Remember when the Derrick Mason signing was supposed to cure all that ailed the Baltimore offense? Not so much. He signed a five-year, $20 million deal with a $7 million signing bonus, but only managed three touchdowns and zero catches for more than 40 yards. L.J. Shelton and Derrick Blaylock were close competition here, but no one thought that adding them would propel their team to a Super Bowl run.
Worst Coaching Maneuver:
Mike Tice scalping his Super Bowl tickets back in February. That's as close as he's ever going to get to the Big Game.
Best TD Celebration:
Chad Johnson's 2005 may go down in history as the Greatest Single-Season of TD Celebrations ever. He's up there with Billy "White Shoes" Johnson in 1977 and Deion Sanders from 1991-94. However, I thought the best individual celebration this year was Hines Ward breaking out the Ickey Shuffle on Cincinnati. Not only a classic, retro move, but also the one time this season where someone on the same field as Johnson upstaged him.
Jason Voorhees Award (given annually to the player that murders the most fantasy football teams):
In a landslide, this award goes to Dante Culpepper, who backed up my long-running theory that he sucks. Culpepper is now averaging around 230 yards with 1 TD and 1 INT in games without Randy Moss, and he may have lost his job to Brad Johnson. Tough year.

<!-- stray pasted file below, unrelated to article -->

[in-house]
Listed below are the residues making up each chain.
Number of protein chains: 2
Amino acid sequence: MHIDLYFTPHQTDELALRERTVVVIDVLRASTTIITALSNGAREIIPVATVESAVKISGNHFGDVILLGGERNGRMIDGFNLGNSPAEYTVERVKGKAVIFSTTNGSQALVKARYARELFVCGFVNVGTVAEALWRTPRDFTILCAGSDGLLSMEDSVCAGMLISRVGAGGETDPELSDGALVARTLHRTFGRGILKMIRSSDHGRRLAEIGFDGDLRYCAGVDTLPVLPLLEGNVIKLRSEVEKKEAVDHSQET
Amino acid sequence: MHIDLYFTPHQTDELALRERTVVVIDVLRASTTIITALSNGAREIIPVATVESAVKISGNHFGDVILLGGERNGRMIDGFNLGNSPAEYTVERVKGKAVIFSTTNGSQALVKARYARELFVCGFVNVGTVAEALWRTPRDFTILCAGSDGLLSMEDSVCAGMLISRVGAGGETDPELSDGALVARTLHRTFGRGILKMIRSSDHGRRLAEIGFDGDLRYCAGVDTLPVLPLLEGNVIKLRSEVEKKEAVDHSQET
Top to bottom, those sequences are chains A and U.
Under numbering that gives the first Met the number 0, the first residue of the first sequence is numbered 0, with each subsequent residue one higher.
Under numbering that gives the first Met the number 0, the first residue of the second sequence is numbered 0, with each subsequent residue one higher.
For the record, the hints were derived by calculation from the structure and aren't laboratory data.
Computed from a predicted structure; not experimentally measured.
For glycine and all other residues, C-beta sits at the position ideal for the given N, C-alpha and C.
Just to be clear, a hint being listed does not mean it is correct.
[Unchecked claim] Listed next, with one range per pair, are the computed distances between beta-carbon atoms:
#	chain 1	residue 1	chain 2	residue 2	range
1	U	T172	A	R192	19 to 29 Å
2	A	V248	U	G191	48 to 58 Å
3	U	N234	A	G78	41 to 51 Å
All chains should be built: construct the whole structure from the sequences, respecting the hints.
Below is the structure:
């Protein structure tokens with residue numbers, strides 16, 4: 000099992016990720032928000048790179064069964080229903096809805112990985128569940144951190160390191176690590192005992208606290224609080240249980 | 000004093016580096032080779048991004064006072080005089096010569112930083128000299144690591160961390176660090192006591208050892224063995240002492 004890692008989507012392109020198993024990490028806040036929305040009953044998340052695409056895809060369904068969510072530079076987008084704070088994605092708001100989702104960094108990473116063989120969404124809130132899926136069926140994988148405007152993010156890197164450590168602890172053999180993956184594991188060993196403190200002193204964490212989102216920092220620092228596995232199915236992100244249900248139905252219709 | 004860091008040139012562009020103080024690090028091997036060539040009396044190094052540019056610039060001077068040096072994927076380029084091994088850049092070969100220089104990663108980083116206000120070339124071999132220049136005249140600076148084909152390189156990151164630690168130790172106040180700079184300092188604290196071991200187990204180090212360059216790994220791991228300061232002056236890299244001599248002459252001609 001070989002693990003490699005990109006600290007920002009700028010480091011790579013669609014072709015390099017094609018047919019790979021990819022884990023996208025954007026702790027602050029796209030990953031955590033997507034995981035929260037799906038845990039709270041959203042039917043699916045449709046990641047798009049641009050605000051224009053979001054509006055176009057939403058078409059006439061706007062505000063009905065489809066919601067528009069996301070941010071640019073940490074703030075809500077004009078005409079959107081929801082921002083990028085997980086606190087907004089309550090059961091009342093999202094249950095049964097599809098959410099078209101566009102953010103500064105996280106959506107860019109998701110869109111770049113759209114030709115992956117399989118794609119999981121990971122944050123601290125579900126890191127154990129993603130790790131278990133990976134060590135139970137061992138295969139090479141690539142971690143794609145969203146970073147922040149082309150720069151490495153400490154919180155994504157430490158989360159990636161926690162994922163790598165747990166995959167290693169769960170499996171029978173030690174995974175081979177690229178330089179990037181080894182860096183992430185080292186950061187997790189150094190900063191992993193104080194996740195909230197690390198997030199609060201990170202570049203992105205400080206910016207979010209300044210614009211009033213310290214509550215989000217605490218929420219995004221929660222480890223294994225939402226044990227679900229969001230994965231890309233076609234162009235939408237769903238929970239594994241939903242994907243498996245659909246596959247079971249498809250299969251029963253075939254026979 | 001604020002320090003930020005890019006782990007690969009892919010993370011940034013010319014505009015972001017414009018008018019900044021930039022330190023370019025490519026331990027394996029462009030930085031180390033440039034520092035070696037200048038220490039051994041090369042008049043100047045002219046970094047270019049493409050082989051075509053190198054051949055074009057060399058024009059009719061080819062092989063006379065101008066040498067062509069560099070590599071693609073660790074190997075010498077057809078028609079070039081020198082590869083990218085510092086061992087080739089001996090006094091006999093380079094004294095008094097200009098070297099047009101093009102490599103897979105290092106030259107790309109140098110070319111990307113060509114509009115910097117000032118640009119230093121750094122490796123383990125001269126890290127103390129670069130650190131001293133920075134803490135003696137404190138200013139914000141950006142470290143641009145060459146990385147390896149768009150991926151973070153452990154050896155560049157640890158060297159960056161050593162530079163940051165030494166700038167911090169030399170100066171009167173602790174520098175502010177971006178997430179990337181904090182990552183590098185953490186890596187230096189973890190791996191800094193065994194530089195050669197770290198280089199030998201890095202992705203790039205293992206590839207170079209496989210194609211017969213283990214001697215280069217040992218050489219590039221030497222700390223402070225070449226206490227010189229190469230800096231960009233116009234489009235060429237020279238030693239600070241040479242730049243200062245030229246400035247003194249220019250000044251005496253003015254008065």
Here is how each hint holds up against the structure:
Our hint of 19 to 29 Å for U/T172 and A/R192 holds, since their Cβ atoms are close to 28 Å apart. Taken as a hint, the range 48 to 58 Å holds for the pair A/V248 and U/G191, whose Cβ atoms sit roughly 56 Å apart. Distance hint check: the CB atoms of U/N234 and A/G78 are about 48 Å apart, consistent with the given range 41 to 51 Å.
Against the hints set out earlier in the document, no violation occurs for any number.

Drew Bledsoe made a strong case for this one (Pro Bowl numbers but a propensity to make crippling plays that blow key games) but the winner has to be the Arizona Cardinals. I mean, who thought that Denny Green + Kurt Warner + no offensive line + no defense + The Bidwell Family + playing in a college stadium = playoffs? Actually, about 85 percent of the mainstream (ESPN) media, that's who.
Hottest Off-Field Lesbian Action:
The Culpepper-led Vikings made a strong push in this category on the Love Boat, but the award has to go to Renee Thomas and Angela Keathley. The much-ballyhooed Carolina cheerleaders got down and dirty in a dank bathroom stall at some hole-in-the-wall Tampa bar. What's hotter than that?
Worst Gambling Moment:
We all have our horror stories, but mine would be Cadillac Williams' 71-yard touchdown run against Minnesota in Week 1. The Vikings were down 17-13 with a minute to play before that happened, blowing two teasers and an eliminator pool for me. Not the way I wanted to start the season.
Best Gambling Moment:
I owe Ryan Fitzpatrick a steak dinner. He led St. Louis from about 84 points down with just over a minute left in regulation before earning an overtime win against Houston. That not only won my straight bet, but two other three-team parlays as well.
This one was tough, but my winner is Hurricane Katrina. Katrina came out of nowhere to cripple an entire franchise, help the Giants make the playoffs, and crush the hopes and dreams of millions of people in the Gulf Coast region. That's tough to top.
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The views expressed in this article are not necessarily those of Doc's football picks service.